Way up in the sky and sprinkled across the seas, two of the littlest yet most influential things in the world have stubbornly guarded their secrets: aerosols and phytoplankton. Today, NASA launched its Plankton, Aerosol, Cloud, Ocean Ecosystem mission, or PACE, to unravel their mysteries. The mission’s findings could be a key to understanding how drastically the world is changing as it warms.
Aerosols are little bits of dust, wildfire smoke, and fossil fuel pollution floating around the atmosphere, which both absorb and reflect the sun’s energy and help build clouds—wildly complex dynamics that climate models still struggle to account for. And phytoplankton are the microscopic, plant-like marine organisms that form the foundation of the food web. They also sequester carbon, keeping Earth’s climate from warming even further. “Phytoplankton are basically moving carbon around, and we need to understand how that changes with time,” says Jeremy Werdell of NASA’s Goddard Space Flight Center.
PACE is a satellite observatory that’ll provide scientists with unprecedented views of these ultra-important denizens of the skies and seas, to help them try to predict how our world will evolve. “The warming atmosphere and warming oceans have a cost, and that cost from a biological point of view is that the base of the food chain will unequivocally change,” says Werdell, who is the project scientist of PACE.
Though phytoplankton are minuscule, they bloom in such numbers that they smear great green streaks across the oceans. That’s been easy enough to monitor by satellite, sure, but up until now what’s been observed has been more or less a uniform streak of green. But PACE is equipped with an extremely sensitive instrument that can see in high resolution across the electromagnetic spectrum, from ultraviolet to the near infrared. (The visible spectrum, which we can see, is in between the two.) The effect is that PACE can see all kinds of different greens.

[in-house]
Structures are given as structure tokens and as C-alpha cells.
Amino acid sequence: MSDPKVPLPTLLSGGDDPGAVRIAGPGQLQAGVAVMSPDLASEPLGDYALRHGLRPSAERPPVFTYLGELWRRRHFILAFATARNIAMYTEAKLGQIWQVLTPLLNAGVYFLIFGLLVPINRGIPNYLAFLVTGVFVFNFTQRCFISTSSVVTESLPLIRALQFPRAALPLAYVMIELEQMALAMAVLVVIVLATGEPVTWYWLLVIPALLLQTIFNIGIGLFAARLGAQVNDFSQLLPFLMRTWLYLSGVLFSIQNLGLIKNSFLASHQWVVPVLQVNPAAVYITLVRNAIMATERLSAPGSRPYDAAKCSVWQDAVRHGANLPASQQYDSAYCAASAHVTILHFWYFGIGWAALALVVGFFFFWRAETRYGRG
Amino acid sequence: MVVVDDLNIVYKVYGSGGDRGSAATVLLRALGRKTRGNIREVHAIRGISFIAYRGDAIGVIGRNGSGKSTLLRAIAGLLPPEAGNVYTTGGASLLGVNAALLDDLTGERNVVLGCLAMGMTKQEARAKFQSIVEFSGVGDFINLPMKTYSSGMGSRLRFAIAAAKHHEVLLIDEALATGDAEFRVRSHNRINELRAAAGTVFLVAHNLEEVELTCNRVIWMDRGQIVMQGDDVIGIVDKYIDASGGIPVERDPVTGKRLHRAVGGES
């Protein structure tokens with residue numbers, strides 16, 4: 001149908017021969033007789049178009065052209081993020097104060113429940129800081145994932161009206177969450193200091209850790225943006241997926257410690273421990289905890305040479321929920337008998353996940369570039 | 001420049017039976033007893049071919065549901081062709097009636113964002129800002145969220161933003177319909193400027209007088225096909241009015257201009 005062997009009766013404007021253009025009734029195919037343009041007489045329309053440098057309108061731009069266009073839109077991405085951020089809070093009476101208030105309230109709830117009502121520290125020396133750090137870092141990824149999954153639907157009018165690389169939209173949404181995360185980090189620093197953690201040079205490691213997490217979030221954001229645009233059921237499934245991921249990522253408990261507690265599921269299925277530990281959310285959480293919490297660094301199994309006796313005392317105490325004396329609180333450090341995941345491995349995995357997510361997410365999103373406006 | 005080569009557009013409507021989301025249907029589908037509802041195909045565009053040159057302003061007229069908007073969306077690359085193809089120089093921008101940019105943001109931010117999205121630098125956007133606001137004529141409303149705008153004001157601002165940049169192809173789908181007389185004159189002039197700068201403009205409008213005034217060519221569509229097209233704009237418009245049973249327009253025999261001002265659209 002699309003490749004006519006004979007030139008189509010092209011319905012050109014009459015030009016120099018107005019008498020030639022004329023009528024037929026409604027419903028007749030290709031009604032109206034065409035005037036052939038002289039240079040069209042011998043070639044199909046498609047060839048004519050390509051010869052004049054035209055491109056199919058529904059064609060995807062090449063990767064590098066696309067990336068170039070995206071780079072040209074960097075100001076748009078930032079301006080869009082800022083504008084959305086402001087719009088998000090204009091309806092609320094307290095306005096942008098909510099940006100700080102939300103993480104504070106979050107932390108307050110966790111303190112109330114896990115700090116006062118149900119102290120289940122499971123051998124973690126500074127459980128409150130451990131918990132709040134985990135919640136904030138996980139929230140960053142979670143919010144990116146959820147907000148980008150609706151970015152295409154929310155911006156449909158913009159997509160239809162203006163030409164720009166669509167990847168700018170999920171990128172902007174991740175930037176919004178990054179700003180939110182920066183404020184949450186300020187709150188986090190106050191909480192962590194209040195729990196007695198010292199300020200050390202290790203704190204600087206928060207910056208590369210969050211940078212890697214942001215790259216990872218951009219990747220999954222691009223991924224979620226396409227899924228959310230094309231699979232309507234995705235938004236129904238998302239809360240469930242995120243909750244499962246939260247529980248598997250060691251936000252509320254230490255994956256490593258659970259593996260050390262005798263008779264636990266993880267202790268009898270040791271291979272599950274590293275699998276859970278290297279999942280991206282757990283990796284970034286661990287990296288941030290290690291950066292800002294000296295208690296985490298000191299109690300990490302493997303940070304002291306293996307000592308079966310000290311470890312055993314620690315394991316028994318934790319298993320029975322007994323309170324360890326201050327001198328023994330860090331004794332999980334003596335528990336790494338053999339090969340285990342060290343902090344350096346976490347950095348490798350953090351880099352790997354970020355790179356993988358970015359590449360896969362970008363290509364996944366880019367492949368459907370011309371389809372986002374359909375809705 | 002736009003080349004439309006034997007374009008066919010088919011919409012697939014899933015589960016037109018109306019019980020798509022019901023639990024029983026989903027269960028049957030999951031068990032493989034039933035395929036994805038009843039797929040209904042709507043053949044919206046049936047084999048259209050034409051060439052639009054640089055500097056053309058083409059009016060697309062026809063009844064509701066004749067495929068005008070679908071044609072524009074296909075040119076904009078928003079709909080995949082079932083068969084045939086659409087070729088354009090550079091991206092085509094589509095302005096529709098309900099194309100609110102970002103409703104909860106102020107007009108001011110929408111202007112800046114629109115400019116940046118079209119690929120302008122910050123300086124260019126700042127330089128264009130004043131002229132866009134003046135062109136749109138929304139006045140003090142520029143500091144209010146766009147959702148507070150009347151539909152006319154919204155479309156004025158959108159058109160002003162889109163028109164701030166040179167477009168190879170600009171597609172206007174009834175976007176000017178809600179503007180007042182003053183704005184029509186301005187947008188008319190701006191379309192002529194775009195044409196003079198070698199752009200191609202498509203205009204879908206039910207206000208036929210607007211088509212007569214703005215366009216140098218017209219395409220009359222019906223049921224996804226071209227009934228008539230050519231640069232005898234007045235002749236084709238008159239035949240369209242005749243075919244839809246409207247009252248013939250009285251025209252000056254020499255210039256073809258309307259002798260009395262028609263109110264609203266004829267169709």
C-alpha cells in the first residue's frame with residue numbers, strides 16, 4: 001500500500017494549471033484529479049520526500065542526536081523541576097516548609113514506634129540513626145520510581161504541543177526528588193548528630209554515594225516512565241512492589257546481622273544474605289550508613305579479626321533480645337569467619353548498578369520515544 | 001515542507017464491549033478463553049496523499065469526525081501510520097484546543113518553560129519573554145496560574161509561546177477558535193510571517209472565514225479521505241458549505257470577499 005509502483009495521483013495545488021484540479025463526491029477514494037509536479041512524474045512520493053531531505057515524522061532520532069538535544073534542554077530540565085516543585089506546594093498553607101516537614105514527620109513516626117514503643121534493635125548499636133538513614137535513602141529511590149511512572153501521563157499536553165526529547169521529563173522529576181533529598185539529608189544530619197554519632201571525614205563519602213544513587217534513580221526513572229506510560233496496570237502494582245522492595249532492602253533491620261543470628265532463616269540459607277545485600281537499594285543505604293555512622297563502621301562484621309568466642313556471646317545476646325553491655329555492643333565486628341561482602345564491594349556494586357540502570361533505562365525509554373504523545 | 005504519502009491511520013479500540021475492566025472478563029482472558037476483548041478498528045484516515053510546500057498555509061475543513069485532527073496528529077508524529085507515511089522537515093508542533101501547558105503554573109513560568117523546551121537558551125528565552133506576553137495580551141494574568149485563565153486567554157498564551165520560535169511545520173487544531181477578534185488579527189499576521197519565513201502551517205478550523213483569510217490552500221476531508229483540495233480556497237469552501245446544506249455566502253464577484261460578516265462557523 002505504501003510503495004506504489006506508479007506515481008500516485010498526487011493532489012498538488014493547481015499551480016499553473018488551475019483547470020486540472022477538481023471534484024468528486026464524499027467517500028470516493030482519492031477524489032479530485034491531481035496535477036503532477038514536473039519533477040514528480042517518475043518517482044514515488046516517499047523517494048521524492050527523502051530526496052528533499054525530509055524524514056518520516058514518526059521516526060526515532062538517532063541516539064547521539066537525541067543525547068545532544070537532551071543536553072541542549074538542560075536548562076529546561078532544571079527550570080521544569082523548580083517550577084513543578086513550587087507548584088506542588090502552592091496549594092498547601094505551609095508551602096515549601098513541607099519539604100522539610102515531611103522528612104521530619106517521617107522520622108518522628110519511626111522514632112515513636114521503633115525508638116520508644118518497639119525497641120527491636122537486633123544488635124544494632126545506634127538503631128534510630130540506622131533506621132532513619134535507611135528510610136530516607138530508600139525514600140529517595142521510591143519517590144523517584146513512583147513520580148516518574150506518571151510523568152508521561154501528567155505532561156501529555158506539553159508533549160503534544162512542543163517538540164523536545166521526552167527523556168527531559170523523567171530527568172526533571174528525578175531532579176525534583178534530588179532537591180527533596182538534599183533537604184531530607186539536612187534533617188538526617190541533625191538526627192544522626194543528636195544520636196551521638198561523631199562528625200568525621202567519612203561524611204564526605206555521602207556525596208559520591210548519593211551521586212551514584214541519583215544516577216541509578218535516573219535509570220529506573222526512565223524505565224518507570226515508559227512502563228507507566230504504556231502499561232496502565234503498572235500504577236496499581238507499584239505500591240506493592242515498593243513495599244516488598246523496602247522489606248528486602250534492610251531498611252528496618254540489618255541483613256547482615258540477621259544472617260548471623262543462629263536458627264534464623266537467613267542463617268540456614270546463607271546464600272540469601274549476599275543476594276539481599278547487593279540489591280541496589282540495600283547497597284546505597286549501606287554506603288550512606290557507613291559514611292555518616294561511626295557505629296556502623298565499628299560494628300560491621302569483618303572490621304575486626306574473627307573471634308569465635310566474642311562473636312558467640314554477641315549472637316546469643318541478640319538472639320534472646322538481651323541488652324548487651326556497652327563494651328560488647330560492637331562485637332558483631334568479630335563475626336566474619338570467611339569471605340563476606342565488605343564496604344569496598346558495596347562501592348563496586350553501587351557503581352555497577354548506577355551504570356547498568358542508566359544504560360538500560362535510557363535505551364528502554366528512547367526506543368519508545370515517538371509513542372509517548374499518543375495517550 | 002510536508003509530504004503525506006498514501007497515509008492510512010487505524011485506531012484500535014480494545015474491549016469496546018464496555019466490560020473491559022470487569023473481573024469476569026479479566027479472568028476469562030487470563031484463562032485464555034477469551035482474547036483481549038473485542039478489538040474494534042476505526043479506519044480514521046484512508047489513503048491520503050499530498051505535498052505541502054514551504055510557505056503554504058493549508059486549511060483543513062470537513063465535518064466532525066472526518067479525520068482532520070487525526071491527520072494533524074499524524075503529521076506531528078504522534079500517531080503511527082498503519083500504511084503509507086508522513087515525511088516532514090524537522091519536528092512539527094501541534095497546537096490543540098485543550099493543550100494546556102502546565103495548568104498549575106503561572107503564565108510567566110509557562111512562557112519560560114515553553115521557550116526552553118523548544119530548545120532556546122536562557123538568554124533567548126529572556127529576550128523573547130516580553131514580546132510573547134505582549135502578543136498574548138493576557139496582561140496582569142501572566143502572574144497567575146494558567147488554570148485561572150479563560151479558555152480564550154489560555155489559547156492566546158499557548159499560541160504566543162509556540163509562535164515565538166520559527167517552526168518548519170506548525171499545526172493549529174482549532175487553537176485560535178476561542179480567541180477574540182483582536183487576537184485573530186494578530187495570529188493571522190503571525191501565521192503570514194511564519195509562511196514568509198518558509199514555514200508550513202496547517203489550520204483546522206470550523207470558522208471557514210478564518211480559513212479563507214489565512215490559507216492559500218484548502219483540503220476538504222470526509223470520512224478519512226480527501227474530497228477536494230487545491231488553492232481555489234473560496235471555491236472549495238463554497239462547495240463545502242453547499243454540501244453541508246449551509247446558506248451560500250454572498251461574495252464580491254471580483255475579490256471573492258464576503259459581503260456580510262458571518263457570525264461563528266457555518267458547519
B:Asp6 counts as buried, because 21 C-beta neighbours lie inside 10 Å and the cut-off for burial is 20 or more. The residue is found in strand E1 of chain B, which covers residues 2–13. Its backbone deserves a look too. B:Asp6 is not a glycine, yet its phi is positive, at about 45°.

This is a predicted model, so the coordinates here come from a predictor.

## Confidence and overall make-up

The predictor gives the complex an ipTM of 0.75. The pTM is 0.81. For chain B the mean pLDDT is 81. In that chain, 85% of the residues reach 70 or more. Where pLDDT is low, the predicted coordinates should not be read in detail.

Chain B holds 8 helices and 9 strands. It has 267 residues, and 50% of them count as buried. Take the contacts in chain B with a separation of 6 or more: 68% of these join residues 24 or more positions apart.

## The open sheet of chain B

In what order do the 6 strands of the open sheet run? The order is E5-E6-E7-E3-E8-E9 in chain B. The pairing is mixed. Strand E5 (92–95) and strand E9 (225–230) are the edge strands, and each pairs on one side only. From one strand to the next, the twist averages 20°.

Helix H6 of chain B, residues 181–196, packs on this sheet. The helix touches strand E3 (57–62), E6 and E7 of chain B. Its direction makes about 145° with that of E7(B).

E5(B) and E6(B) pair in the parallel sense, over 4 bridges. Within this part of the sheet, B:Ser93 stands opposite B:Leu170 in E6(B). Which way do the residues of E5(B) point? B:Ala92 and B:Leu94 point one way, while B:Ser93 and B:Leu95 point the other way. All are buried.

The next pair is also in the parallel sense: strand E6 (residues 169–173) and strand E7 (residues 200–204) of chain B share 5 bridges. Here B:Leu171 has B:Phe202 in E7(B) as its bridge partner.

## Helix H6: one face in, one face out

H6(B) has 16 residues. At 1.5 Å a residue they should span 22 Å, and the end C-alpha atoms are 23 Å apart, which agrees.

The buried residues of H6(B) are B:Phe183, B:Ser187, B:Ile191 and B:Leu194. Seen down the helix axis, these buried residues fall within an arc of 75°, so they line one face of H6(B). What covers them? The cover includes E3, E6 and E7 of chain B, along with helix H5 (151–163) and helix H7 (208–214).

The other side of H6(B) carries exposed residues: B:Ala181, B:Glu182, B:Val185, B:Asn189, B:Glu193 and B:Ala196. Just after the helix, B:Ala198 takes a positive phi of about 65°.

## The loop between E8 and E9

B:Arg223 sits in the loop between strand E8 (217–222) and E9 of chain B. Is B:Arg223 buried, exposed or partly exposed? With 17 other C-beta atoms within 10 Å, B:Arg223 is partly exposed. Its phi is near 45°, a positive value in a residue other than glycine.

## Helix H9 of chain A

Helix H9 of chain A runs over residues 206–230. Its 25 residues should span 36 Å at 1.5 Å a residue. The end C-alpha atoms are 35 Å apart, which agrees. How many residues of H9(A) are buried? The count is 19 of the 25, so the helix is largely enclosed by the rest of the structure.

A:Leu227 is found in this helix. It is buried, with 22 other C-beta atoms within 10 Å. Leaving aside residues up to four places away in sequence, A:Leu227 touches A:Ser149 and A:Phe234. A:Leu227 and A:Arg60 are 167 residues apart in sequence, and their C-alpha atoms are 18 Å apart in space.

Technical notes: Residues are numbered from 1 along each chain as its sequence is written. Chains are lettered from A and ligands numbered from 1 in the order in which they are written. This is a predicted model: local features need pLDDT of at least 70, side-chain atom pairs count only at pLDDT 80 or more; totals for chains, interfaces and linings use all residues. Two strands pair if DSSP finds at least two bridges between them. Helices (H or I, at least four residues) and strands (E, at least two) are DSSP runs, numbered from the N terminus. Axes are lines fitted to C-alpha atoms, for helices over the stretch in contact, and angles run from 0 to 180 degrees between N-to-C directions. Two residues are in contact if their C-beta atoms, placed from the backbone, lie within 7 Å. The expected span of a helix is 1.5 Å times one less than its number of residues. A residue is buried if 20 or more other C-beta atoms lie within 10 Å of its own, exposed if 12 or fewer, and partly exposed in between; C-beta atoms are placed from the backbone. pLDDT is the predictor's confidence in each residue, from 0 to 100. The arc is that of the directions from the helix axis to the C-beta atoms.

Think about what you see staring into a forest. “All the leaves on the various trees are green, but they’re very subtly different greens, which means they’re different plants,” says Werdell. “Really what we’re searching for are these very, very subtle changes in color.”
That’ll allow scientists to determine not just where phytoplankton are blooming and why, but what kind of community that creates. There are thousands upon thousands of phytoplankton species—some that act as food for tiny animals known as zooplankton, others that are highly toxic, some that sequester carbon better than others. What modern satellites can see from space is like drawing with a box of eight crayons, but the species will look different to PACE’s eye. “What we’re getting with PACE is a box of 128,” says Werdell.
Better understanding these phytoplanktonic communities is critical because of how rapidly the oceans are transforming. They’ve absorbed something like 90 percent of the excess heat humanity has added to the atmosphere, and over the past year or so in particular, sea surface temperatures have soared to record highs and stayed there. The high temperatures themselves might adversely affect the growth of some phytoplankton species, but might actually benefit others that thrive as the mercury climbs.
More subtly, warm water acts like a kind of cap at the ocean surface, with cooler waters swirling below. “It’s kind of like drinking a half and half at your favorite Irish pub: Guinness floating on top of Harp,” says Werdell. “That creates a barrier in this huge stretch of real estate in the upper ocean, where nutrients in the cold water underneath this layer of warm water can’t penetrate.”
Phytoplankton need those nutrients to grow, so if the cap of warm water persists in a given area, that’ll further shake up the community of photosynthesizing species. If there’s less of the species that zooplankton need for food, their numbers may decline too. And then the larger predators like fish that eat the zooplankton will be impacted, on up the food chain. That could eventually affect the food species that humans rely on for protein.